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EXTRACT FROM THE FOLLOWING THIRD PARTY SOURCE: Written by Isobel Markham for The Telegraph

South African authorities have announced a plan to evacuate up to 500 rhino from Kruger National Park to safer areas where they are less likely to fall prey to poachers hunting them for their horns.


Illegal rhino killings in Kruger have soared in recent years, up from 13 in 2007 to 1 004 in 2013 despite the deployment of soldiers throughout the vast nature reserve to protect them. Officials said more than 630 rhinos had been killed in South Africa so far this year – 408 of them in Kruger.

“A decision has been made on this issue of translocation,” said Edna Molewa, South Africa’s environment minister on Tuesday. “Relocations from the Kruger National Park and the creation of rhino strongholds could allow the total rhino population size of South Africa to continue to grow.”

Poaching has hit the Kruger rhino population hard. The latest census showed that the park has between 8 400 and 9 600 white rhino, and around 2 000 black rhino left.

The operation will focus on areas of high poaching activity within Kruger, which is roughly the size of Wales, such as the park’s eastern border with Mozambique, where those from impoverished communities are easily lured into poaching by the prospect of quick money.

Mrs Molewa said that the relocation will be a “mammoth task”. The operation will involve tracking the animals in rugged and remote bush, darting them with tranquillisers from helicopters and then moving them. Moving each animal could cost up to US$2 000 (£1,200).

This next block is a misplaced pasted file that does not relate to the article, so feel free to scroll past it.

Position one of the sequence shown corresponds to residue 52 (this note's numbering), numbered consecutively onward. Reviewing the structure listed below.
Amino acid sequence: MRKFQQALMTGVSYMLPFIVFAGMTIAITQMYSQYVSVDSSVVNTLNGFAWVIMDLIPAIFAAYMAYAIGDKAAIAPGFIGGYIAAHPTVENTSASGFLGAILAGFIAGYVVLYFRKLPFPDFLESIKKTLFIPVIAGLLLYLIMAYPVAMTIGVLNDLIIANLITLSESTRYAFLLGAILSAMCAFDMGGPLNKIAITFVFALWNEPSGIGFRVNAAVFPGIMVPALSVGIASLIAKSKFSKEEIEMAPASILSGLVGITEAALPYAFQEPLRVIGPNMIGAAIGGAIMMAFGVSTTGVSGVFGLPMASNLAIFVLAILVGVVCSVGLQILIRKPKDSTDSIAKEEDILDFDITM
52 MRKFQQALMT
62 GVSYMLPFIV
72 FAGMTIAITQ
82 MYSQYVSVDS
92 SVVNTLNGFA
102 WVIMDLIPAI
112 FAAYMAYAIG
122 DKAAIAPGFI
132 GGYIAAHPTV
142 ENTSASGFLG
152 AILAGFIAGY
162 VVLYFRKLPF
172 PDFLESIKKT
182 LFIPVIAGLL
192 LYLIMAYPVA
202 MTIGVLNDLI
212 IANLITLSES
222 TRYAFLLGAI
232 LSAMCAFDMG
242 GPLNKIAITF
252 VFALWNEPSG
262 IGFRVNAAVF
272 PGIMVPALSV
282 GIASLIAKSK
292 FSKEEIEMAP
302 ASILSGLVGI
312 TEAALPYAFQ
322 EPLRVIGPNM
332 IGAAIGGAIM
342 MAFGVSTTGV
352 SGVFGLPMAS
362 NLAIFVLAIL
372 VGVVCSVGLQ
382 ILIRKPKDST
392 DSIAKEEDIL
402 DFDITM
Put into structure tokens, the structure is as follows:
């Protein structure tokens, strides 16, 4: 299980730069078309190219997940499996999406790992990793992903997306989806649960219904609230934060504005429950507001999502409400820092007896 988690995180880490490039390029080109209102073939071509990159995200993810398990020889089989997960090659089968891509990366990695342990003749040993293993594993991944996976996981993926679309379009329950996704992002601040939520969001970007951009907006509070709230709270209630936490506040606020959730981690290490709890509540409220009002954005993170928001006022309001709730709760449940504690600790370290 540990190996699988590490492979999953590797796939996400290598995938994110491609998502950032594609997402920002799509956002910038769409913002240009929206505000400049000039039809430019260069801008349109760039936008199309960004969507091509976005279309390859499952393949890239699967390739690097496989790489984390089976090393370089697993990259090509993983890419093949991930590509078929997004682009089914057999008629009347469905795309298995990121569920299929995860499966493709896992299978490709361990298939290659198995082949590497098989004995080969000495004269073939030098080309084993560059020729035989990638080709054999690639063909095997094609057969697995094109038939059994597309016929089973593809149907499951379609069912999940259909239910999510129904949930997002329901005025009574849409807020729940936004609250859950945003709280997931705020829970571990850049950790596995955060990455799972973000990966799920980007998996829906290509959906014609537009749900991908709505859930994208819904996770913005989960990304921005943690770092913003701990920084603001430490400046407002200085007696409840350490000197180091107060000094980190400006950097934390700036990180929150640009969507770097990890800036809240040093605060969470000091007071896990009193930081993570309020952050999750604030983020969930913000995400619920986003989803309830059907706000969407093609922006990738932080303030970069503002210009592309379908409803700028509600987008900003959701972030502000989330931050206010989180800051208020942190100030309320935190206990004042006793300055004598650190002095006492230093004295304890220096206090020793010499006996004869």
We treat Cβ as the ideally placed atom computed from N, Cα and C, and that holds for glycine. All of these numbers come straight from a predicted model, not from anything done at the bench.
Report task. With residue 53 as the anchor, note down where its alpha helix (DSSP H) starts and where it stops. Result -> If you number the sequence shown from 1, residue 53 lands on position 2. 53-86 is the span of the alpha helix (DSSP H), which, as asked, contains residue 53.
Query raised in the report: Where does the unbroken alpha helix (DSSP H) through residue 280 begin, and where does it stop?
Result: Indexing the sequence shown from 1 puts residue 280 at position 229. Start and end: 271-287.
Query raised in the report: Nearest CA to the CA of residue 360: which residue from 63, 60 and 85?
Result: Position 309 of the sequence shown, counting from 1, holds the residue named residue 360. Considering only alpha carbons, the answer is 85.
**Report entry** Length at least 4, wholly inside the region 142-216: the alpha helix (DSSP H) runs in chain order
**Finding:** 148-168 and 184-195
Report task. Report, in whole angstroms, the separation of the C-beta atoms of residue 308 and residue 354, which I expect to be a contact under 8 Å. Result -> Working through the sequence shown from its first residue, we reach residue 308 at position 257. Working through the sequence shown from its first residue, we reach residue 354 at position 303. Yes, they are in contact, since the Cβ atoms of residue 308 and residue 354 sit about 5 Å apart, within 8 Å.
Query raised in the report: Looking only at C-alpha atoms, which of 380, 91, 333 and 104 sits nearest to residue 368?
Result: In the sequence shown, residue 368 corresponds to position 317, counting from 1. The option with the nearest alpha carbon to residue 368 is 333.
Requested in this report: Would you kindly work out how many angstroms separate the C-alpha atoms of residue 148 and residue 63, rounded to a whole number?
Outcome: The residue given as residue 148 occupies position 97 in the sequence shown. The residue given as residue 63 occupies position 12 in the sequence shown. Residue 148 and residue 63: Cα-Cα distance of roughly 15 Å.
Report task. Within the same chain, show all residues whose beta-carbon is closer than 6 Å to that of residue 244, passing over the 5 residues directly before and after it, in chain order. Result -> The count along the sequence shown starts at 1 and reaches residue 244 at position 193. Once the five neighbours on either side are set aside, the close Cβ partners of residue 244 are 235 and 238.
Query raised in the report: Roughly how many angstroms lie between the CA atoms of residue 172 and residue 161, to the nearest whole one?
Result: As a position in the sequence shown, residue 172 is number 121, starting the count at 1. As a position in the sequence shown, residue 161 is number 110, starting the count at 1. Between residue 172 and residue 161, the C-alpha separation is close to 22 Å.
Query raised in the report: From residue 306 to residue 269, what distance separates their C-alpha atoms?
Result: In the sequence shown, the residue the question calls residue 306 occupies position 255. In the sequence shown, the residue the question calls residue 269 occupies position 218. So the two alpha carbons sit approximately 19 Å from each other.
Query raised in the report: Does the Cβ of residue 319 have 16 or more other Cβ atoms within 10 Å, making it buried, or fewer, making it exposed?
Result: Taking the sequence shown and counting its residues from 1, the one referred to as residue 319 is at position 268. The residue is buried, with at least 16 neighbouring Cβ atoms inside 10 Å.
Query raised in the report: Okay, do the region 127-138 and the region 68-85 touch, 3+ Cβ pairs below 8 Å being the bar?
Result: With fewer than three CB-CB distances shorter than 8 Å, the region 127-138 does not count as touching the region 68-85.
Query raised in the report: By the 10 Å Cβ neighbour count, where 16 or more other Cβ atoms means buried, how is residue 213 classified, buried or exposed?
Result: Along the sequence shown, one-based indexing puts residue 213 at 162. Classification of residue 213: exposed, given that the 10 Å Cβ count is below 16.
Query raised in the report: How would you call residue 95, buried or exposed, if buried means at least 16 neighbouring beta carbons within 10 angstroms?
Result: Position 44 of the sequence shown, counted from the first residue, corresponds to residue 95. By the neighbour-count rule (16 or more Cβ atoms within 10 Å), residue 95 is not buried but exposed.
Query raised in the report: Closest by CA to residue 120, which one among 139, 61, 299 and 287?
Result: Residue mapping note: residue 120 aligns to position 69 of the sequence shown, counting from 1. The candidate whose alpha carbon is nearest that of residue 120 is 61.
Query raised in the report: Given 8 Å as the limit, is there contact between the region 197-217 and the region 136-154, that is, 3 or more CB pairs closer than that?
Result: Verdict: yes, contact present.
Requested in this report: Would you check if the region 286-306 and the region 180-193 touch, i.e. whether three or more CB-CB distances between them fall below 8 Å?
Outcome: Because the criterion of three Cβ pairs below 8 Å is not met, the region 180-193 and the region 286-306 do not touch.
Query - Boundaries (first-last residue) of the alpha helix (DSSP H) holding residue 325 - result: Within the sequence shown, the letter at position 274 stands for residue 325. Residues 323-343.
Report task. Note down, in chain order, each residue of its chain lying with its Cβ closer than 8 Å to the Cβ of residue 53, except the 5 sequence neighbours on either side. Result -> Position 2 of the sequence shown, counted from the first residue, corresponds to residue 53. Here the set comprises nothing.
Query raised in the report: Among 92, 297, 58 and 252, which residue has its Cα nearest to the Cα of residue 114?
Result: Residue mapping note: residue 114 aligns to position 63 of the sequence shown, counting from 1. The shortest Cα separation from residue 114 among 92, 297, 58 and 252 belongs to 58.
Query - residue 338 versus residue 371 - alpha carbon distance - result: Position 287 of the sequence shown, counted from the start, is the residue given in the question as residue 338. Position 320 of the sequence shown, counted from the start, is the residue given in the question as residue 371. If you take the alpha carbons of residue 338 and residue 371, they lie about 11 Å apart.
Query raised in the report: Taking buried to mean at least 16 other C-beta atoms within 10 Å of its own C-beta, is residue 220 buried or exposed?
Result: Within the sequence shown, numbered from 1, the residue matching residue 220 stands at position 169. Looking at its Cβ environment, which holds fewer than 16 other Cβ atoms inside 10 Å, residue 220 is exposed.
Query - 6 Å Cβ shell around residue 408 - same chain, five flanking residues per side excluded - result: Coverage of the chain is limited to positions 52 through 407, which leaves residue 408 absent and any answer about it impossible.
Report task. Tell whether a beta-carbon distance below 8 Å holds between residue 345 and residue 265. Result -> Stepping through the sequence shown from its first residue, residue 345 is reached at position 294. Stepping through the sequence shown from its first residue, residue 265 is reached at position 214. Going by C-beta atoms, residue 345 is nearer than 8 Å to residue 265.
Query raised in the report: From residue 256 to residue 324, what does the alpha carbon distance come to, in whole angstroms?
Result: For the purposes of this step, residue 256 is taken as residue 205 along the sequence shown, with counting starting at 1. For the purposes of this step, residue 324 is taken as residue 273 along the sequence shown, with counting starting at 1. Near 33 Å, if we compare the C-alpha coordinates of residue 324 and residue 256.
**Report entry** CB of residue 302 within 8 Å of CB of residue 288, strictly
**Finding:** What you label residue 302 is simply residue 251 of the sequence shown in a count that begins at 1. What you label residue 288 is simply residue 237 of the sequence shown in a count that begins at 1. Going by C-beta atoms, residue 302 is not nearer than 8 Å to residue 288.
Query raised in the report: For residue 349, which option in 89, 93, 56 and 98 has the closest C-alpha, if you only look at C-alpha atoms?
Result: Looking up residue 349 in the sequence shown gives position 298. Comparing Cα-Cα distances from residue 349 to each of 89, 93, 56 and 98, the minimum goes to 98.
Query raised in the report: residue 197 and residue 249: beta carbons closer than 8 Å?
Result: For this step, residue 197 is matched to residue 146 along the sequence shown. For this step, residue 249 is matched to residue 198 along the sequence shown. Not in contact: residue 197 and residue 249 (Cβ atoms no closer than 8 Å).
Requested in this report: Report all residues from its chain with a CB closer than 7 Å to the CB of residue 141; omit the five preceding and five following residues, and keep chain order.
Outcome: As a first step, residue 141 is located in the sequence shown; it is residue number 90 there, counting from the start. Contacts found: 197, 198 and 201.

“We are looking at capturing about six to eight animals a day in the cooler months,” Markus Hofmeyr, the national park’s head of veterinary services, said at a news briefing. “The cost implications vary.” As yet there is no time frame for moving the animals, but as South Africa is about to move into its summer season, Mr Hofmeyr’s comments suggest the move may only get under way next April when autumn begins.

Rhino have become increasingly vulnerable to poaching as the animals’ horns – made from the same material as finger nails – have become more and more coveted, especially in China. There has also been a shift from use in traditional medicine to showing off rhino horn as a sign of wealth, according to the Convention on International Trade in Endangered Species, which monitors trade in wildlife products. Some conservationists estimate that rhino horn has a street value of US$65 000 (£38 000) per kilogram, which makes it more valuable than platinum or gold.

South Africa has relocated 1 450 animals from Kruger over the past 15 years. In 2009 a record 250 rhinos were evacuated from the park, but Mr Hofmeyr said the scale of the poaching problem calls for more drastic action. “We have to take rhinos to where they are safe,” he said.

The rhino will be relocated to other state-owned provincial parks, private parks and communal areas. The environment ministry said nearby countries, such as Botswana and Zambia, may also be considered as hosts. Botswana could be an ideal home for the rhinos, as it has vast areas of sparsely-populated wilderness that are tough to access.

A year ago, the South African government gave the go-ahead to studies into the possibility of legal trade in rhino horn. Figures released by the department of environmental affairs in 2013 indicated that South Africa has more than 18 tons of rhino horn stockpiles. Around 40 rhino horns were stolen when a safe owned by a regional parks agency was broken into in April, prompting new questions about the illegal trade.

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